Women requesting TOP were diverse with respect to age, pregnancy circumstances and reasons for seeking TOP. Among those completing TOP, 97% felt they made the right choice and 98% would recommend it to others in a similar situation. Women commonly reported serious mental stress caused by their pregnancies and their inability to afford travel abroad to access TOP. The feelings women most commonly reported after completing TOP were ‘relieved’ (70%) and ‘satisfied’ (36%). Women with financial hardship had twice the risk of lacking emotional support (odds ratio = 2.0, p< 0.001)...




The Sexual Rights Initiative at the Human Rights Council 33rd Session
The 33rd session of the UN Human Rights Council took place from 12-30 September 2016.
recap provides information on some of the key sexual rights-related issues that were addressed:
  • Resolutions
  • Panels and Discussions
  • Oral Statements
  • Side Events.
all of which the Sexual Rights Initiative (SRI) was engaged with during the session.
Visit the SRI website for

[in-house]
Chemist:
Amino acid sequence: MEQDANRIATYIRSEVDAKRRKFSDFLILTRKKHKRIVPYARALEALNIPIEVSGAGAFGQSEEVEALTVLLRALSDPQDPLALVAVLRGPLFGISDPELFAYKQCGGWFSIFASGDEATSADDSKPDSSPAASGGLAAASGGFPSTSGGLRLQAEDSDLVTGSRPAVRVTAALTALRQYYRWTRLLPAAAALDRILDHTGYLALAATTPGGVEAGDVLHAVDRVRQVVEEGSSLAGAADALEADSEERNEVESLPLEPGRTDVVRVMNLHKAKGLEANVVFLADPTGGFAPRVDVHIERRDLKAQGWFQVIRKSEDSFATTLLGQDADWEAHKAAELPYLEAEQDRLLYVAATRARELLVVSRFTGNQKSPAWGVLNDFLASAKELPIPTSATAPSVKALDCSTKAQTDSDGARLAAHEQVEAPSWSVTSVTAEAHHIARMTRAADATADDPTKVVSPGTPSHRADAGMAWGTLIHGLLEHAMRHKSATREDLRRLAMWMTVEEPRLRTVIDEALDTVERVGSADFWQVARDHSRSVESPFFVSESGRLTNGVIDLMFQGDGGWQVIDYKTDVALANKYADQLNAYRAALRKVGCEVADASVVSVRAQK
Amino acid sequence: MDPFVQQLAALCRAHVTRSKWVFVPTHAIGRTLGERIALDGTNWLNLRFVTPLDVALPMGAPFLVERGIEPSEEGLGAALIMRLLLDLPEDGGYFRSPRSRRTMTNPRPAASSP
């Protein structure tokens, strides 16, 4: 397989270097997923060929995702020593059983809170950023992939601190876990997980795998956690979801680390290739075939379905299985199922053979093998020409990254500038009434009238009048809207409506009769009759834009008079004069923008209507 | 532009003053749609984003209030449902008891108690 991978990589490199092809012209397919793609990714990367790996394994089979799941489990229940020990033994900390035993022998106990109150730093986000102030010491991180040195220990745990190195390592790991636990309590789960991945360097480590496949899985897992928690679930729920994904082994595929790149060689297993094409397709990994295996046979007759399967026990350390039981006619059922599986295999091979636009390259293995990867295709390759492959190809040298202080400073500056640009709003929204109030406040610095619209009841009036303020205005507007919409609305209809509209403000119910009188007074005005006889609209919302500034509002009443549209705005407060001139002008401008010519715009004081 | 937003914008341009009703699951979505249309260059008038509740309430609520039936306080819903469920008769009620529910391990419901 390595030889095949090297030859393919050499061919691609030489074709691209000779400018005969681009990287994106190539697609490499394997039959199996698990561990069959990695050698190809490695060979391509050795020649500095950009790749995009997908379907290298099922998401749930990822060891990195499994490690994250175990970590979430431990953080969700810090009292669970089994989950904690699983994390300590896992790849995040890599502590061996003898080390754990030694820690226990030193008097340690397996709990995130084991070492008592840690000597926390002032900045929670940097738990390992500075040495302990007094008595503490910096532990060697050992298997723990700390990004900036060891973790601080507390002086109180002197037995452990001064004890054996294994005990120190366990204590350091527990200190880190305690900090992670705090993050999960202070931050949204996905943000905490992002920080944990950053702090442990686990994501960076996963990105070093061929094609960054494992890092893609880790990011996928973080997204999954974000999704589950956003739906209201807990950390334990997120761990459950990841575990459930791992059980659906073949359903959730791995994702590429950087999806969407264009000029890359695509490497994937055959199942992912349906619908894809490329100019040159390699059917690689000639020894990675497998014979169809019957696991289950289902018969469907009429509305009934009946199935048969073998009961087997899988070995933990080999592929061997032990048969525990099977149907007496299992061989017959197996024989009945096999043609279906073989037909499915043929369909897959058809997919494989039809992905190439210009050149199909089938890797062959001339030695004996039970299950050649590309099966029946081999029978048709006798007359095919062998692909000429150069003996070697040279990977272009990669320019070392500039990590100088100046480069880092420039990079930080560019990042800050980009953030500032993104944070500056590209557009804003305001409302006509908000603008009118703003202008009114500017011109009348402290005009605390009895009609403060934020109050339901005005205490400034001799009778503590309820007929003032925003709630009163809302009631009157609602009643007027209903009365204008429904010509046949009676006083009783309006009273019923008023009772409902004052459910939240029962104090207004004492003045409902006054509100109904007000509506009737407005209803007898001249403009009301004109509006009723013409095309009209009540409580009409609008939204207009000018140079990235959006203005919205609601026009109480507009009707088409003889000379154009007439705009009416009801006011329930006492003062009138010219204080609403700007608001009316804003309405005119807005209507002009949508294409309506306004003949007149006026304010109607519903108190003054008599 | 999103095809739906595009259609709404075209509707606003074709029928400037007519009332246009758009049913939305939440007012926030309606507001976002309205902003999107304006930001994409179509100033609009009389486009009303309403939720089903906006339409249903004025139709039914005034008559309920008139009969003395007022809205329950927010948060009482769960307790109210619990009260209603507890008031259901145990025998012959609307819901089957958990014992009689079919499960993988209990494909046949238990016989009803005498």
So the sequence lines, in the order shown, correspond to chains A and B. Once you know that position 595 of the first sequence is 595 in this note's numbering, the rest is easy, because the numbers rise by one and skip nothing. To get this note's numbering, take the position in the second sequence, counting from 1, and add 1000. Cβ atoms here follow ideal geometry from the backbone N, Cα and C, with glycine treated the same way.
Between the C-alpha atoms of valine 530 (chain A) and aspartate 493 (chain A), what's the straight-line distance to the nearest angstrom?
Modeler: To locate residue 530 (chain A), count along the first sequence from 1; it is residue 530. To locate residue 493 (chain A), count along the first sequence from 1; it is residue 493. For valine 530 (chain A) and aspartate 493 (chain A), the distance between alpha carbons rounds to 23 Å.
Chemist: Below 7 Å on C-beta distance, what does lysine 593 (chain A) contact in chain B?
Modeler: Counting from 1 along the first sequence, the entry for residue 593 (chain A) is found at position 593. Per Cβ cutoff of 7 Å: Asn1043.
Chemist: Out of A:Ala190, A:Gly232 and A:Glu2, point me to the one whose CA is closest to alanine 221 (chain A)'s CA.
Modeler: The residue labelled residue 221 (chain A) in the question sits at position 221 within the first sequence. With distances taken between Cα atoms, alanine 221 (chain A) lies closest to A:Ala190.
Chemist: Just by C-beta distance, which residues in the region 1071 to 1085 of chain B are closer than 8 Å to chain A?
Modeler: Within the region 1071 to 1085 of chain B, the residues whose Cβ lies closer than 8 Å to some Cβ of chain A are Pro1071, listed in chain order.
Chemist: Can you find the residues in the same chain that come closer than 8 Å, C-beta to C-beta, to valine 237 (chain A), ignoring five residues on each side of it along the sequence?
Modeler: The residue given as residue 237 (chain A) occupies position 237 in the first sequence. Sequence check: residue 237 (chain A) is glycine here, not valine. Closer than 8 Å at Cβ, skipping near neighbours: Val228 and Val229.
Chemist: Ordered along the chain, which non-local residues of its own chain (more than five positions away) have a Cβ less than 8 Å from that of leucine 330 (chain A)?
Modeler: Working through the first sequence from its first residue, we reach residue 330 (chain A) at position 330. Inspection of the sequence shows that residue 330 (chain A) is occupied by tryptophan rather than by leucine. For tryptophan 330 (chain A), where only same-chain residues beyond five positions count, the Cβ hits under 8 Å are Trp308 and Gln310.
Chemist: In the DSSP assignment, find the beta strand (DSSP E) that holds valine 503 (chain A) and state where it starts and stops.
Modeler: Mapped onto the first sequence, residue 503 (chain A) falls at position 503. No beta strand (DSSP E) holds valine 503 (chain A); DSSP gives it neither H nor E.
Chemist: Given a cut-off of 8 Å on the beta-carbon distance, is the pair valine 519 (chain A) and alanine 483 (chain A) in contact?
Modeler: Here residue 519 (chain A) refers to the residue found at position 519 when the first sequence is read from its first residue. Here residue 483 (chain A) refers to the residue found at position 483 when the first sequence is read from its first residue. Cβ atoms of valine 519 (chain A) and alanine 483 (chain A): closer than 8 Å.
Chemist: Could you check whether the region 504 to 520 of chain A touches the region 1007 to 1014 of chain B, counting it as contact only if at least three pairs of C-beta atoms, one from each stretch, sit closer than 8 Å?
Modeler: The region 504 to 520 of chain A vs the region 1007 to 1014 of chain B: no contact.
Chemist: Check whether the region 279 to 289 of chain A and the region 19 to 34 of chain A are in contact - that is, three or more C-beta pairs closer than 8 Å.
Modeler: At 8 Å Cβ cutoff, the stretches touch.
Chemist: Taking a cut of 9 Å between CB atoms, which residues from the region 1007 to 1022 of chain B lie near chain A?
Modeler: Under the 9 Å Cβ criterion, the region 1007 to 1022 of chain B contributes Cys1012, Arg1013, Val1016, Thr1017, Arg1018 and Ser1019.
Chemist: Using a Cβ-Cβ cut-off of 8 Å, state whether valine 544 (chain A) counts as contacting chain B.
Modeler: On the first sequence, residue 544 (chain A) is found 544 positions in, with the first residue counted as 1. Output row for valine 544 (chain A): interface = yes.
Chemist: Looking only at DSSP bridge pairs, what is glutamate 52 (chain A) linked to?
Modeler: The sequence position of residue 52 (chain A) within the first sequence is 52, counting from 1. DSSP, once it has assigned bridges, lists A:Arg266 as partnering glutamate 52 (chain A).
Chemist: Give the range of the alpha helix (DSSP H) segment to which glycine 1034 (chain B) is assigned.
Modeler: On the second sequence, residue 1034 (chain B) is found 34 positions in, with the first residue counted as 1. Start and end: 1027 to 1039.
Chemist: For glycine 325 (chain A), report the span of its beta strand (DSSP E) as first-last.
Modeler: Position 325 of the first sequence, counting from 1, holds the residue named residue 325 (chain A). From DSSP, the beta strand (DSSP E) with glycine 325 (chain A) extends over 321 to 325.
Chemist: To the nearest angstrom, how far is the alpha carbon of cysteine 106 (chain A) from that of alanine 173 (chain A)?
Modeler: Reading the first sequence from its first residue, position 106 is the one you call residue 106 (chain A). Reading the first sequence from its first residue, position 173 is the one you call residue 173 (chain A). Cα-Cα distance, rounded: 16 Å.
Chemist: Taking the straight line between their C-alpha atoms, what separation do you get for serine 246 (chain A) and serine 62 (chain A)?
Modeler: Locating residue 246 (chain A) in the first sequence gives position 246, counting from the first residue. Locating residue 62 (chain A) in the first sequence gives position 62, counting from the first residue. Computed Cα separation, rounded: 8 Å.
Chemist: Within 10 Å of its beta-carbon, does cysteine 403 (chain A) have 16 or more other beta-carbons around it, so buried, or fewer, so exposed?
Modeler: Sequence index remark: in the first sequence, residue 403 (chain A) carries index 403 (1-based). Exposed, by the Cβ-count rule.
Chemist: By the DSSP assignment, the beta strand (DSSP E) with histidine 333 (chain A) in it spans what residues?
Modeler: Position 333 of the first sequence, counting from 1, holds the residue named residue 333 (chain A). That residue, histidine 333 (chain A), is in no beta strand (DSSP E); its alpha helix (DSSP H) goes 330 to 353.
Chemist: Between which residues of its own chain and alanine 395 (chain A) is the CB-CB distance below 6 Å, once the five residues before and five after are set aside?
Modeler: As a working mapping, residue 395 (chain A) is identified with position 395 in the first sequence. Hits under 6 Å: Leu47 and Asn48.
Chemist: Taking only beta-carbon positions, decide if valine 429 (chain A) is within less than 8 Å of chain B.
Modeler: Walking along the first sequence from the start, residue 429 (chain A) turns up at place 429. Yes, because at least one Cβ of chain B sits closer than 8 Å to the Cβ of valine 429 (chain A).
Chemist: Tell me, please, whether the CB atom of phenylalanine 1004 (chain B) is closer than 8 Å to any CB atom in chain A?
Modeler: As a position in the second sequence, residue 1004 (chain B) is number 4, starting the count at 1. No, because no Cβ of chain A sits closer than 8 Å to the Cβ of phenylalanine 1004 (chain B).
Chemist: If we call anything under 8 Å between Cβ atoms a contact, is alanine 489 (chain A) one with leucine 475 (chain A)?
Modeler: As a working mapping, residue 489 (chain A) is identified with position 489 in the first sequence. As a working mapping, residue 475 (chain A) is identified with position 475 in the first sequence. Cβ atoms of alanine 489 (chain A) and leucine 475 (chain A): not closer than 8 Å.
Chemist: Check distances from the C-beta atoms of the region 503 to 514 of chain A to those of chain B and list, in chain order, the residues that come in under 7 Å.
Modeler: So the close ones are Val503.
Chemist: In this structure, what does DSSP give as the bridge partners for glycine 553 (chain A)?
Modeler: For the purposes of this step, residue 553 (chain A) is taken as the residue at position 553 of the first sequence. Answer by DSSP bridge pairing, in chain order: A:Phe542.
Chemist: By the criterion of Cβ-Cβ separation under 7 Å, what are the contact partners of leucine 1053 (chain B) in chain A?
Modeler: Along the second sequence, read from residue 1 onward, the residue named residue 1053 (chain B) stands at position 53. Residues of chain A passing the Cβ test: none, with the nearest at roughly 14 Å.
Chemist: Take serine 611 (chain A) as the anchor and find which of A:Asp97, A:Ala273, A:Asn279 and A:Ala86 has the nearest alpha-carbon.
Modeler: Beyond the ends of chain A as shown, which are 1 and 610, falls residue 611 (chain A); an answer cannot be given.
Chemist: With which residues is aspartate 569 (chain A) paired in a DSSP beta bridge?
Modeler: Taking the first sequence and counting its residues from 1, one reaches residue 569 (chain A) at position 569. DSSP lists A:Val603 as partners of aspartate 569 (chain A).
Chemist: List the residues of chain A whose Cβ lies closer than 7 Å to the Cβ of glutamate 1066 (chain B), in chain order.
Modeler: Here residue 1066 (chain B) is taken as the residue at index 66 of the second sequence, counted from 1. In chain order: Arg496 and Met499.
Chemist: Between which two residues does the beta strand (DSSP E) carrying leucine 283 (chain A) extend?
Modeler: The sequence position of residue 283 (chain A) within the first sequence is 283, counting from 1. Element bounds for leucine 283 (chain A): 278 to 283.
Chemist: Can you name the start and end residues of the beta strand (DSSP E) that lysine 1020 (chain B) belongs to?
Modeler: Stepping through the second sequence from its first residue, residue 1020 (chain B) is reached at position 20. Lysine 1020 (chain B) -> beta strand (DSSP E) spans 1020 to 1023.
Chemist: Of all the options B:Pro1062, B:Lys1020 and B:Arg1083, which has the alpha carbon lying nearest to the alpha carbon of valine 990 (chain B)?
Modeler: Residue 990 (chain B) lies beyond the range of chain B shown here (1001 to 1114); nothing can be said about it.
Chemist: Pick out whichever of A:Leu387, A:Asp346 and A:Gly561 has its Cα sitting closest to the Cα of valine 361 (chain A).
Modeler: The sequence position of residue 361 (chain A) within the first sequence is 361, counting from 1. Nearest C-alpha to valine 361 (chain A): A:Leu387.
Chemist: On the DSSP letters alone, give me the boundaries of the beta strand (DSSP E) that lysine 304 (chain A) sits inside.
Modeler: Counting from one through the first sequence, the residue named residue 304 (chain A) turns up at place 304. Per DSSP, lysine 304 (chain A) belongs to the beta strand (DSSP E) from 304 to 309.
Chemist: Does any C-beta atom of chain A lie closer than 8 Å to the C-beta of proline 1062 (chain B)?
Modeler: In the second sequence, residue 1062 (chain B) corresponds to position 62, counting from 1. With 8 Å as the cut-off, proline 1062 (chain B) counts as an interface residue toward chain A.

transcripts and video footage.



2016: Old Challenges, New Hopes

This is the inaugural report of the UN Secretary General’s Independent Accountability Panel (IAP), which tracks accountability for the Global Strategy for Women’s, Children’s and Adolescents’ Health 2016–2030.

The Global Strategy was launched in September 2015 by UN Secretary-General Ban Ki-Moon, to help further the 2030 Sustainable Development Goals Agenda, which he appointed an Independent Accountability Panel to track. The strategy is a roadmap for ending all preventable deaths in women, children and adolescents within a generation and ensuring their well-being.

This one-year-on report calls for stronger UN leadership and more robust national institutions, including legal mechanisms and citizen participation, to ensure effective implementation of the Global Strategy for Women’s, Children’s and Adolescents’ Health and the realisation of women’s human and reproductive rights.